We have been talking about the other OTs such as the BVI, Bermuda, the Caymans, and TCI; but what is failed to be mentioned is that all of these territories have environmental agencies which are adequately staffed and funded (I know they are considerably richer). Let us take a look at the closest OT of those mentioned above – the government agency responsible for environmental protection in the BVI has a staffed of almost 60 persons, and when you add the BVI National Trust staff it totals 80 or more. The situation in Bermuda, the Caymans and TCI are also similar. Now contrast that with Anguilla, Department of Environment 4, Department of Fisheries 7, Water Lab 2, and ANT 3. Wow that is a grand total of 16 and when you take away admin. staff you have a situation where there is probably less than 10 technical staff at the agencies combined. So no wonder Anguilla is not meeting its environmental commitments under either the Environmental Charter or the St. George’s Declaration. Having said that, despite the short-comings of the agencies responsible for environmental protection in Anguilla a great deal is still being accomplished.

    As a correction to the posting on November 2 – yes Anguilla’s six protected areas are protected by law and where it is mentioned that ‘unlike most of the other territories we have done nothing to update our legislation to fill gaps in nature protection…’ this statement is inaccurate. Indeed, a great deal of work has been ongoing behind the scenes to update the existing environmental related legislation as well as the drafting of new environmental legislation to fill the gaps. The updated and new legislation will soon be submitted for public scrutiny and comment. I certainly hope that when that time comes everyone in this forum can contribute to the passing of the legislation by providing comments and reminding our elected officials of their commitments to environmental protection in Anguilla.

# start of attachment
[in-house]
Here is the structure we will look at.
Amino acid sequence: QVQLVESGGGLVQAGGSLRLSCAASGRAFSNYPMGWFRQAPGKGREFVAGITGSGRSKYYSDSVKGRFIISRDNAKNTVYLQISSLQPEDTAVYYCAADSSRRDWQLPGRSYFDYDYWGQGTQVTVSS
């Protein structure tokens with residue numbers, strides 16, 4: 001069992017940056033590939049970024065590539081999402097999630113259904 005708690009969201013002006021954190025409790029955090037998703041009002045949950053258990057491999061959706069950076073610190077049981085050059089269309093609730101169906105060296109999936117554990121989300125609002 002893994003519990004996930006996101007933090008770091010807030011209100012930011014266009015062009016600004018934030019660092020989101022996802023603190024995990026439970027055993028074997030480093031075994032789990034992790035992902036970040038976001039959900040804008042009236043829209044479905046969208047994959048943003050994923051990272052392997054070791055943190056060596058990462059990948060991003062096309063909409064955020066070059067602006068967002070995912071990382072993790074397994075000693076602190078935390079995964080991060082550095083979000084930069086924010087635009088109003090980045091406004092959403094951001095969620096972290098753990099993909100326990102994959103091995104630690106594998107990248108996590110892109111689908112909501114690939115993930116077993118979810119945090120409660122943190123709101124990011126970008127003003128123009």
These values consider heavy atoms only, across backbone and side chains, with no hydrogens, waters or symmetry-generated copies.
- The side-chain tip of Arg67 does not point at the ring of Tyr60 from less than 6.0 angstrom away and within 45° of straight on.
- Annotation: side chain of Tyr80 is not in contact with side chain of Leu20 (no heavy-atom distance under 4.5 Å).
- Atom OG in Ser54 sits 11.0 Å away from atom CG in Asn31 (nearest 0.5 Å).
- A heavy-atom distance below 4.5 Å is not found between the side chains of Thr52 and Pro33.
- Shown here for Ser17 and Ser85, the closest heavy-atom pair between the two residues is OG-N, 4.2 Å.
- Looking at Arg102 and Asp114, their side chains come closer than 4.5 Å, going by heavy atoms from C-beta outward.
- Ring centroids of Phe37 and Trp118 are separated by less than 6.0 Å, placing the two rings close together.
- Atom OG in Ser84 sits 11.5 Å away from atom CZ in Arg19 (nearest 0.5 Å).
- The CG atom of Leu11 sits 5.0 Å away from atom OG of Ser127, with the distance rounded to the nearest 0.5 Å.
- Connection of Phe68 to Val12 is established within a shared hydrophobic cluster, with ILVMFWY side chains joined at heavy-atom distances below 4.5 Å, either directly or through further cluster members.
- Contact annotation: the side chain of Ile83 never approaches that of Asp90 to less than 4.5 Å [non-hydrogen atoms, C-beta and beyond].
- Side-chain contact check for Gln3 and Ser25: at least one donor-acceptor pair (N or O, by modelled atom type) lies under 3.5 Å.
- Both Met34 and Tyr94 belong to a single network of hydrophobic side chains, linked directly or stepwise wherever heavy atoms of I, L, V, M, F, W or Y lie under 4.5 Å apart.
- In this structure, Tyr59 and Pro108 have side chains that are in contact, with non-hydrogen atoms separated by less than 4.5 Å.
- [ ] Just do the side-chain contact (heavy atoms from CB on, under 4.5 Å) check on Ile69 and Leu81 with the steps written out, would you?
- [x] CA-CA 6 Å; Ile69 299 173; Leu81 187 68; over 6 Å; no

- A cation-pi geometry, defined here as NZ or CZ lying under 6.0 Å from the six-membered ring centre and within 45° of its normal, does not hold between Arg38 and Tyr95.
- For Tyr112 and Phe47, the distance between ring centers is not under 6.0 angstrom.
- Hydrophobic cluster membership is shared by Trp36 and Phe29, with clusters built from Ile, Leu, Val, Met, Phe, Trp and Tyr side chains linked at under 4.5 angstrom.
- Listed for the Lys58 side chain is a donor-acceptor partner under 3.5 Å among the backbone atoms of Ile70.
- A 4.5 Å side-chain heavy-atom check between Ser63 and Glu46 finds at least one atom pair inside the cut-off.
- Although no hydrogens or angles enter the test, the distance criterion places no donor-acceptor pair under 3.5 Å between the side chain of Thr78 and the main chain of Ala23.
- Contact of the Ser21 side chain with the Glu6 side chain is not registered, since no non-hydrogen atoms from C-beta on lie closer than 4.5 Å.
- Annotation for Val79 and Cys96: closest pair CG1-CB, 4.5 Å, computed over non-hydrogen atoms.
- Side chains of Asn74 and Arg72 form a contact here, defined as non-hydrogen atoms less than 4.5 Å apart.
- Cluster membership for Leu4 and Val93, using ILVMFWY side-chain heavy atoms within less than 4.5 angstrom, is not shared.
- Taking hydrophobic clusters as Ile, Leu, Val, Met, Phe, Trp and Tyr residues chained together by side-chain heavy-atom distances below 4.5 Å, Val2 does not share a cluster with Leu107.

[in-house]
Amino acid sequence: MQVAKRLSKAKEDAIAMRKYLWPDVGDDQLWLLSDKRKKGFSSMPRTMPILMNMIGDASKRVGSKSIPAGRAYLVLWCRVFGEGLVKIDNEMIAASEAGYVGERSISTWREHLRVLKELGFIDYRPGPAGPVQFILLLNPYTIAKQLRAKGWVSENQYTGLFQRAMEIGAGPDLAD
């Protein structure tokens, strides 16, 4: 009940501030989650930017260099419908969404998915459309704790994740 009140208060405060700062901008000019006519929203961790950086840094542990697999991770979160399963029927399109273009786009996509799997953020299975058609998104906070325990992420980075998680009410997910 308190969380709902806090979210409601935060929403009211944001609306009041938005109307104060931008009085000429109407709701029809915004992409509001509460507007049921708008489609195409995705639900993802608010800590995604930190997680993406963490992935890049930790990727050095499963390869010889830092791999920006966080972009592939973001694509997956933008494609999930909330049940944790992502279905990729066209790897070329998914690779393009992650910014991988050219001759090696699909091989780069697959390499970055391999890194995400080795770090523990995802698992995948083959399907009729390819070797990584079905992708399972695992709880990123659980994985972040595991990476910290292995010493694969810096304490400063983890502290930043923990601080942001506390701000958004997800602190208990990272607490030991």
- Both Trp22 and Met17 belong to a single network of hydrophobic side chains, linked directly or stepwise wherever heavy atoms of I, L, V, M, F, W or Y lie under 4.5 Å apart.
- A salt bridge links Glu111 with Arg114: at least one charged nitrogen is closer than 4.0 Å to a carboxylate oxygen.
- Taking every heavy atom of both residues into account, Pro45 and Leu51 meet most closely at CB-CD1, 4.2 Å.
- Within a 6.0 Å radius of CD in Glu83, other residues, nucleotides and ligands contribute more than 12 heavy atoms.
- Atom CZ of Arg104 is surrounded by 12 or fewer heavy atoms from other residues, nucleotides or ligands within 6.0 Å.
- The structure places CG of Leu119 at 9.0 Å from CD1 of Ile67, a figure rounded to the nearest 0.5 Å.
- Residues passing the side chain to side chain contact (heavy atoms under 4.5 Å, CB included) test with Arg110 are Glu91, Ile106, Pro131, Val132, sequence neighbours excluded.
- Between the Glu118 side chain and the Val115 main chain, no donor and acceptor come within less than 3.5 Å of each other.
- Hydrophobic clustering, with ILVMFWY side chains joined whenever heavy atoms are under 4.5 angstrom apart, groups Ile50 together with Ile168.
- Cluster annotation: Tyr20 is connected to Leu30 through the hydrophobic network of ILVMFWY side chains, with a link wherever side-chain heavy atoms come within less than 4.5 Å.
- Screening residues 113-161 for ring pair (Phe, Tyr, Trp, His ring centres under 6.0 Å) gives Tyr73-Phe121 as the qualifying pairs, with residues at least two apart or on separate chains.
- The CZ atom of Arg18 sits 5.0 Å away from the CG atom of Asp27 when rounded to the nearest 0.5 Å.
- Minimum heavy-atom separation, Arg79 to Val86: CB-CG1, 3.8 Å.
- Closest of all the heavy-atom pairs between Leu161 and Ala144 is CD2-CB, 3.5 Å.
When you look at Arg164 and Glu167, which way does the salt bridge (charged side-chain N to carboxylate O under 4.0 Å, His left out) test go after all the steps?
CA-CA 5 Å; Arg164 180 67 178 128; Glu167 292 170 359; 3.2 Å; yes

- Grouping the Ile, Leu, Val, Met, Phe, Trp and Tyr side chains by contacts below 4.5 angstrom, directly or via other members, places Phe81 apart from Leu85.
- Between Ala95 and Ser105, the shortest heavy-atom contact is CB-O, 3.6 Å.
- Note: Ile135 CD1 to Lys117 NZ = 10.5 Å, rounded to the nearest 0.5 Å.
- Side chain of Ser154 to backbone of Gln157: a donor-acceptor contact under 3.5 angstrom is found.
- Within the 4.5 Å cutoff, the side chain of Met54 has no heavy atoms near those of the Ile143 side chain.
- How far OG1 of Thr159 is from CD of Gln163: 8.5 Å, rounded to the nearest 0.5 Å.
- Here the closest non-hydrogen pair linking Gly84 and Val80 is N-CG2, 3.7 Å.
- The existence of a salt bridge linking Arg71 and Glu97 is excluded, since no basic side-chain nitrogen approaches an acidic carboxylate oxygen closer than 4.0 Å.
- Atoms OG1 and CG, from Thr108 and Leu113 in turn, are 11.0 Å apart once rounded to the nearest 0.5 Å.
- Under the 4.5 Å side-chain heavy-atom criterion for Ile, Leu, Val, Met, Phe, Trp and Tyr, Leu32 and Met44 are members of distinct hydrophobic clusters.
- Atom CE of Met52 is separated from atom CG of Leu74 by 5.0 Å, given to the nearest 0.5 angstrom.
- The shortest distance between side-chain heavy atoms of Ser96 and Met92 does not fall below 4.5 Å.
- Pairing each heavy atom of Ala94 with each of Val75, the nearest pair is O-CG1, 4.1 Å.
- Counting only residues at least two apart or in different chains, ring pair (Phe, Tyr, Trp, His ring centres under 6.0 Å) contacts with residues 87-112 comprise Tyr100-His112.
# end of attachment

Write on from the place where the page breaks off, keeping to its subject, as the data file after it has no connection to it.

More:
In closing I reiterate that the Government of Anguilla has not live up to its commitments under the Environment Charter or SGD; indeed some agencies seem quite defensive when they should not be; and although we should highlight the few accomplishments in no way should we try to sugar coat the sorry state of environmental affairs in Anguilla. The first stage of solving a problem is first admitting that we have problem, and Anguilla DOES have a problem with regards to environmental protection. Now that we know there is a problem, what are we going to do about it?

  13. I appreciate the fact that "a great deal of work has been ongoing behind the scenes to update the existing environmental related legislation as well as the drafting of new environmental legislation to fill the gaps."

    Unfortunately, we have been hearing this same thing since the very early days of the Trust when the good Liz Subin was the first Director. While ANT has no authority to get legislation adopted, it has a lot of what the Chief Minister calls "moral suasion" through the power of the media. It has failed to use it, thus abetting government's inaction in protecting what hasn't already been bulldozed.

    On a small island, anyone who speaks out is very visible and many are afraid of being victimised if they are not supportive of those in office. For this reason, the smaller the island, the greater need there is for an environmental advocacy group. If this can't be Environment, Planning, Fisheries or ANT, who is it supposed to be? Is the future of our island's environment solely the responsibility of Mr. Mitchell? I pray to God that he lives forever, but what if the Lord thinks otherwise?